The film industry proved to be another temporary stop for White. He graduated from NYU after five years and got gigs doing sound design for the sixth Halloween movie and 1996's Sudden Manhattan, a little-seen indie picture helmed by Adrienne Shelly. He also raised the $50,000 it cost to make The Beautiful World, a black-and-white film he wrote and directed. But, unfortunately, the movie's odd length--56 minutes--caused most film festivals to turn it down. He was struggling with what to do about this unexpected complication when he received a call from Luaka Bop about a demo tape he had sent the company on the advice of a buddy. Shortly thereafter, he was presented with an opportunity to head down a new path--and this one, he says, was the most unexpected of all.
"I walked in, and there was David Byrne shaking my hand, and my mouth fell open," he says. "I didn't know what they wanted to talk to me about. After it was over, I went home and called the girl who was helping me and said, 'They kept mentioning something about an album. What do you think they mean?' Then we had more meetings, and they would be like, 'Don't you think a slide would fit in good here?' and 'Have you ever listened to this band?' And I would be looking at them like they were out of their minds. At first I thought it was a practical joke, but it involved a little too much machinery for that."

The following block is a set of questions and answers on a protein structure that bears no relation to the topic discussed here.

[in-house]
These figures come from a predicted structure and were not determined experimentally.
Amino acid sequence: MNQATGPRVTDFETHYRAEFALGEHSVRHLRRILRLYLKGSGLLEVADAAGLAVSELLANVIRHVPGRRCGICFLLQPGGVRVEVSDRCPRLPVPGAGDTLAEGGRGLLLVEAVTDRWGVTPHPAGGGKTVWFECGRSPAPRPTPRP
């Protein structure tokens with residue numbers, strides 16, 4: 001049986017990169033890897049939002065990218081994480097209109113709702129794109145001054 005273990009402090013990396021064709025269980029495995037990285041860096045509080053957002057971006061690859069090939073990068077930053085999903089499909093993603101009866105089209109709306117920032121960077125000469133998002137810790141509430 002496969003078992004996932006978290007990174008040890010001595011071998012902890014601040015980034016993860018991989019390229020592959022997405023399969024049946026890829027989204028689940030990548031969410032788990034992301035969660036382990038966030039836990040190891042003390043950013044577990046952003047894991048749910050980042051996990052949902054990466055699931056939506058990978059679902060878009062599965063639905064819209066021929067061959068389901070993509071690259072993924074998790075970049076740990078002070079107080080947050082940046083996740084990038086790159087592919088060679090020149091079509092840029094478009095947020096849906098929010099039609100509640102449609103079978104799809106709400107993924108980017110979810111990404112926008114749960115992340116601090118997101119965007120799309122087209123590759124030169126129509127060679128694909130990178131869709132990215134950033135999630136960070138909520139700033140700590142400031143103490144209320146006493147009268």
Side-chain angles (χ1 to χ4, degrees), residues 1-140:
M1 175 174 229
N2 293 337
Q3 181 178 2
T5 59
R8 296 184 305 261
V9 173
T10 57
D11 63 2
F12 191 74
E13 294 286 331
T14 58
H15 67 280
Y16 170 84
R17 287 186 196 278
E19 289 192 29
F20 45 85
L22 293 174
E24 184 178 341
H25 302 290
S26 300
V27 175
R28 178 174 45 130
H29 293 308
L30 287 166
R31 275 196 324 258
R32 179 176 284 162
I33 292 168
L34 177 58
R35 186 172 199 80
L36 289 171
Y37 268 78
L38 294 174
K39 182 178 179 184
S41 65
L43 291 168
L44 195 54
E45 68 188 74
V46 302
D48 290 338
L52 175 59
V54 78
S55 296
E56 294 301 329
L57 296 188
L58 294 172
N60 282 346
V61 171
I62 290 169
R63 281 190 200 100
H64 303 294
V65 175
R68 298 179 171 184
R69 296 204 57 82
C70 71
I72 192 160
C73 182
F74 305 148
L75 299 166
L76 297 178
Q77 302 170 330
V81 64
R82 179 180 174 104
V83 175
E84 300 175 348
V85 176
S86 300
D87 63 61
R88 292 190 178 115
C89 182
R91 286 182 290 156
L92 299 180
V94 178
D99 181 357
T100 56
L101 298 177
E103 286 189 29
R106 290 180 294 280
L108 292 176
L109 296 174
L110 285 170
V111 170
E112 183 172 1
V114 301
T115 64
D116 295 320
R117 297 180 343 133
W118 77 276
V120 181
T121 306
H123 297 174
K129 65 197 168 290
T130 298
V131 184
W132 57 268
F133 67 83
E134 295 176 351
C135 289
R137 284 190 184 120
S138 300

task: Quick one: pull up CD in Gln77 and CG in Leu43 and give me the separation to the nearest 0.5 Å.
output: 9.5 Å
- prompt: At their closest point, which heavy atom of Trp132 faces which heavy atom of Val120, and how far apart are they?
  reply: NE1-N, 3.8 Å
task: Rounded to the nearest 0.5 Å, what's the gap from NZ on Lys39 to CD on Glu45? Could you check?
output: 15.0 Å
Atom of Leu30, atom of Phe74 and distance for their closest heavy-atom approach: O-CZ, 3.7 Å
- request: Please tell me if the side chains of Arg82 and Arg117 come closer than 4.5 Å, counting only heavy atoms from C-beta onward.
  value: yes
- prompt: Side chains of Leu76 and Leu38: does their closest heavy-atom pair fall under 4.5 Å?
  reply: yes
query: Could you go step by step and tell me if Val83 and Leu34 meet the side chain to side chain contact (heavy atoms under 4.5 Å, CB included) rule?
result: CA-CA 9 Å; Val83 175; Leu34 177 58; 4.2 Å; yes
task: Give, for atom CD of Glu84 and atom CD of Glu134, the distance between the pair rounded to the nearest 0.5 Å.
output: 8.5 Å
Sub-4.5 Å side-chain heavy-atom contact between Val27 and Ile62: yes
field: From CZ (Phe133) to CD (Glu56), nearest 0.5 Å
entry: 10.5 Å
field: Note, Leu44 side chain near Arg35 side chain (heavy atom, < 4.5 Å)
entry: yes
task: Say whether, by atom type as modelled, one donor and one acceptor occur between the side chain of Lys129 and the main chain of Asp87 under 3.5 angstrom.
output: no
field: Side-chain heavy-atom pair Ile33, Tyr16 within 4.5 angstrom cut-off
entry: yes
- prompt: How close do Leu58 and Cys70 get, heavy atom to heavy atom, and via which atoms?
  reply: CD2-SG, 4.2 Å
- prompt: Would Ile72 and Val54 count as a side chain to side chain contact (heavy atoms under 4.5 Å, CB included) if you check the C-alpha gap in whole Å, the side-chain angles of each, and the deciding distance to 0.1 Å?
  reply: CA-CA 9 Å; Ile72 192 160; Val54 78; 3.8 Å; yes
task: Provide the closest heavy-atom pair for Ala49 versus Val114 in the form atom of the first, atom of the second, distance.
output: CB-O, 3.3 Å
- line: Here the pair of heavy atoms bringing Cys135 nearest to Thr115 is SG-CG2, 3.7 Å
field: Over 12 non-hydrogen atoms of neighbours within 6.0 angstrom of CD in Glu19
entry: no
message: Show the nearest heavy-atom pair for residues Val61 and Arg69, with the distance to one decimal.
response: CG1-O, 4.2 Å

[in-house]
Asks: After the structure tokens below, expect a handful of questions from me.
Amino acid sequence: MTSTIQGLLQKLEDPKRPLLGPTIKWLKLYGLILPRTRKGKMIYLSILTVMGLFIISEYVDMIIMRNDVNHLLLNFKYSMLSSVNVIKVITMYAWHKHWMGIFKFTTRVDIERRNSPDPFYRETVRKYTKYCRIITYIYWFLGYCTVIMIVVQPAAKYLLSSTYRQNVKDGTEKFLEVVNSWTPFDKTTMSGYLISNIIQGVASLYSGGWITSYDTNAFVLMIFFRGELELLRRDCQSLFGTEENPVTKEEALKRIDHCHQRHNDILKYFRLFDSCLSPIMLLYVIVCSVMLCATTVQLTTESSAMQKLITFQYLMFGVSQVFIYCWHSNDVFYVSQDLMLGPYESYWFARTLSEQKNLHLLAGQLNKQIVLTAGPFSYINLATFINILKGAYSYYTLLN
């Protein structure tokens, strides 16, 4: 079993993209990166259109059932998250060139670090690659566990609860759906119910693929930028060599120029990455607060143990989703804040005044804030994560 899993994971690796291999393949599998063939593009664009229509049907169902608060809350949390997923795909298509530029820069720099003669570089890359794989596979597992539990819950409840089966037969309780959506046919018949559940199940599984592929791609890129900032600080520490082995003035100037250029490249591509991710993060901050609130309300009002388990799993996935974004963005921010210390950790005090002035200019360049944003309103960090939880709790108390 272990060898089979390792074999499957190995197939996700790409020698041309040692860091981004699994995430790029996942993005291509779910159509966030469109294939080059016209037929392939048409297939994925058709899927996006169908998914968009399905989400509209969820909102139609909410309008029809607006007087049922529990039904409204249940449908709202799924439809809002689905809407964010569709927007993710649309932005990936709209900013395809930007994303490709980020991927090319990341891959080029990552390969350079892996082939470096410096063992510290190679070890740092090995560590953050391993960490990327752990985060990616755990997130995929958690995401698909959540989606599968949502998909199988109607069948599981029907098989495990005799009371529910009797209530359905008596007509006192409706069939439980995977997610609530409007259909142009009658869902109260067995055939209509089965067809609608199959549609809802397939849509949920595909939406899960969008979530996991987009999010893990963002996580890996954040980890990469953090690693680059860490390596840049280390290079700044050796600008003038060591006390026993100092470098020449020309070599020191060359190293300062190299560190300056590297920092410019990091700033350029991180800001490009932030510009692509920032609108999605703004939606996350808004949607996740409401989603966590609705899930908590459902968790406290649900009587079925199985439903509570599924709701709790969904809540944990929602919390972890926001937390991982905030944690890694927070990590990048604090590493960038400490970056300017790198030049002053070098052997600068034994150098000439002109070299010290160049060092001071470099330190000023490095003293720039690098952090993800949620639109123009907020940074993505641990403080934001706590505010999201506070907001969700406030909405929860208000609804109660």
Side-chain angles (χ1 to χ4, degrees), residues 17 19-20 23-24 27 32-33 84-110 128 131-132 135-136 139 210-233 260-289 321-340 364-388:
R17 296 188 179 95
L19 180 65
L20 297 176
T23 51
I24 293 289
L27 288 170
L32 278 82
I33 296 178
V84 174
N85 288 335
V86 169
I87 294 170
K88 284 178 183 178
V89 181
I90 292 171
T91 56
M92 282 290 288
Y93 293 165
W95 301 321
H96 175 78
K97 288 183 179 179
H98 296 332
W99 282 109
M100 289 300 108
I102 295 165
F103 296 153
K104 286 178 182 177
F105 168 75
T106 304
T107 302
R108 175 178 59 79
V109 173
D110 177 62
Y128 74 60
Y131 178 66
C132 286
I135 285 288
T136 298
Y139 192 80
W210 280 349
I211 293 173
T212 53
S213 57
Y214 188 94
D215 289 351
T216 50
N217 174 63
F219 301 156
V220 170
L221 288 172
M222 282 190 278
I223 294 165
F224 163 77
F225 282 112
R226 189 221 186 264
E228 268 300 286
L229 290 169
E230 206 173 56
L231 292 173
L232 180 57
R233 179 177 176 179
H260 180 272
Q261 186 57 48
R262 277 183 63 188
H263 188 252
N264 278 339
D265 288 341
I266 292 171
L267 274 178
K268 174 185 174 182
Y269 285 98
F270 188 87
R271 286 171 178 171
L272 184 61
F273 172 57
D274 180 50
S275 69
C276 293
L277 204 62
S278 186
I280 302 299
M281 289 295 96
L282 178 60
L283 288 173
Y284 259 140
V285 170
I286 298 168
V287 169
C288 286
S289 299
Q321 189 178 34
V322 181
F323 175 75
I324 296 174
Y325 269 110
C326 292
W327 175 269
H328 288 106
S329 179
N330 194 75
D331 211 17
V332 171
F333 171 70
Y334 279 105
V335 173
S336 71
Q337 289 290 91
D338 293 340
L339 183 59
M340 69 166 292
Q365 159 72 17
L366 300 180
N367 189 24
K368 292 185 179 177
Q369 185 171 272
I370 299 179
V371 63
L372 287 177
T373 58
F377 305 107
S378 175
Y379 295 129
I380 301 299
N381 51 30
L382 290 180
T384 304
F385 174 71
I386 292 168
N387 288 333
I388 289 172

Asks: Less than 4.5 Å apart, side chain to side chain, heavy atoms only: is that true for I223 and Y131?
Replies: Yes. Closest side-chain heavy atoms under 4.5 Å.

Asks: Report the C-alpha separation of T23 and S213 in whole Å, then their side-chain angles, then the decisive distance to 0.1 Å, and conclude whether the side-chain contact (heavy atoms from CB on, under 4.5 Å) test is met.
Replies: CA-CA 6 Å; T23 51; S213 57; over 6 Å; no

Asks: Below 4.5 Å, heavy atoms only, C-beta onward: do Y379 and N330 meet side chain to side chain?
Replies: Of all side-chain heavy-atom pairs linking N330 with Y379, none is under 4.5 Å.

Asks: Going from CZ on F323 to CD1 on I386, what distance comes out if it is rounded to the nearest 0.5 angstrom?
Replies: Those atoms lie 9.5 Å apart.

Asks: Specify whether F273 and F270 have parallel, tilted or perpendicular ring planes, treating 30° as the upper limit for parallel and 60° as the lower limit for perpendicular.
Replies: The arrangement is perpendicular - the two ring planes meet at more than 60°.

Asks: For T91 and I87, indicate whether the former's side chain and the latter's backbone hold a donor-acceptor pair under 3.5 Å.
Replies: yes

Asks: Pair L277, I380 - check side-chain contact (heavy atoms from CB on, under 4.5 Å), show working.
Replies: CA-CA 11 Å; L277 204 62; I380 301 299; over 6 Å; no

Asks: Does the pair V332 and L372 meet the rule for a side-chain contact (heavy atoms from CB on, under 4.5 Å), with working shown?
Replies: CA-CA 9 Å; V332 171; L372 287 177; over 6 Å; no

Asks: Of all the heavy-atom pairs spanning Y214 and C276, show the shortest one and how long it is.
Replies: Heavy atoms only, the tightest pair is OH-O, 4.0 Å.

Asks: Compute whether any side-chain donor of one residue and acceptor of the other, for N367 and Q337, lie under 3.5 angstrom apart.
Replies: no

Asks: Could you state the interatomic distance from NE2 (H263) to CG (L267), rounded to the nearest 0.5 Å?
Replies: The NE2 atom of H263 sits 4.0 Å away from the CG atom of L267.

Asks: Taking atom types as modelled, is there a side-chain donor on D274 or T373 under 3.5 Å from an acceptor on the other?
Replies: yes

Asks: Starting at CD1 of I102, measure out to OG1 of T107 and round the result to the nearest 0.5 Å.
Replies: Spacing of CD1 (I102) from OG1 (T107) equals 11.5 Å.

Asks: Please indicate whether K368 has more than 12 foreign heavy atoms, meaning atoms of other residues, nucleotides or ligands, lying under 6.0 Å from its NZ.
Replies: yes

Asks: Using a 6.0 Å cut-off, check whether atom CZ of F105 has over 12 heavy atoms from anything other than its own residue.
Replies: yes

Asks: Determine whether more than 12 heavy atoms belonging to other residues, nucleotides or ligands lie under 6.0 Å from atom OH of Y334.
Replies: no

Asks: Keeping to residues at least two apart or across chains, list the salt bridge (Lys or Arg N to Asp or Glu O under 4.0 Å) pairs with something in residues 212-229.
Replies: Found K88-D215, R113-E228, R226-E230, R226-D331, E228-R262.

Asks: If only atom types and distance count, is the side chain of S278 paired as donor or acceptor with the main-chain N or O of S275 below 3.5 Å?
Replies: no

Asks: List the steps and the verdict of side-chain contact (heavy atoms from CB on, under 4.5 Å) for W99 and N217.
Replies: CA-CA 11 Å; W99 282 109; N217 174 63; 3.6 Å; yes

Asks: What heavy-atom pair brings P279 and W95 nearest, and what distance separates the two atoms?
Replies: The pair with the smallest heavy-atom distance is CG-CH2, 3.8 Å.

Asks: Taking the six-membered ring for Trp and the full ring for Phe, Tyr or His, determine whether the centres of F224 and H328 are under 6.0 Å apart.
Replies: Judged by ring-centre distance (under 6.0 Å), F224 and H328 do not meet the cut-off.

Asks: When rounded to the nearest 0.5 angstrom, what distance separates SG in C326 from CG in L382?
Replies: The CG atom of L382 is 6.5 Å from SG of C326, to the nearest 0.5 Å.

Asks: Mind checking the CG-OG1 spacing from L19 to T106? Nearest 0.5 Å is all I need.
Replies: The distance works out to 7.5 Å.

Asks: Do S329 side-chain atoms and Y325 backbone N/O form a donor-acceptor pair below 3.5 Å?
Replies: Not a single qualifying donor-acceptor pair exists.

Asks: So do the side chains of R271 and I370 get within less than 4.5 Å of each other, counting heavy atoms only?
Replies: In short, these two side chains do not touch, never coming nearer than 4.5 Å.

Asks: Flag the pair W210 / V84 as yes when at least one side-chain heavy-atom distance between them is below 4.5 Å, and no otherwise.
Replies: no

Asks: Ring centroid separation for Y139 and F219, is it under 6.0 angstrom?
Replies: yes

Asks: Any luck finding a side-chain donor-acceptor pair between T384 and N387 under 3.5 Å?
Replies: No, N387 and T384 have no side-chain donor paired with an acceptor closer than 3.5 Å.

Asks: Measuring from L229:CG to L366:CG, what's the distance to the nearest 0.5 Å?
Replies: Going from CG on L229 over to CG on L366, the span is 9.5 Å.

The release of Wrong-Eyed Jesus and an international tour opening for Byrne finally convinced White that the folks at Luaka Bop weren't trying to put one over on him. But he still isn't certain that he was born to be a performer. His album has received impressive reviews, and he's working hard to pen songs for a follow-up that he hopes will be even more intriguing. But, he says, "I don't believe for a minute in the reality of this. I laugh at it just like I laughed at being a model. It's crazy. It's like I imagined the whole thing.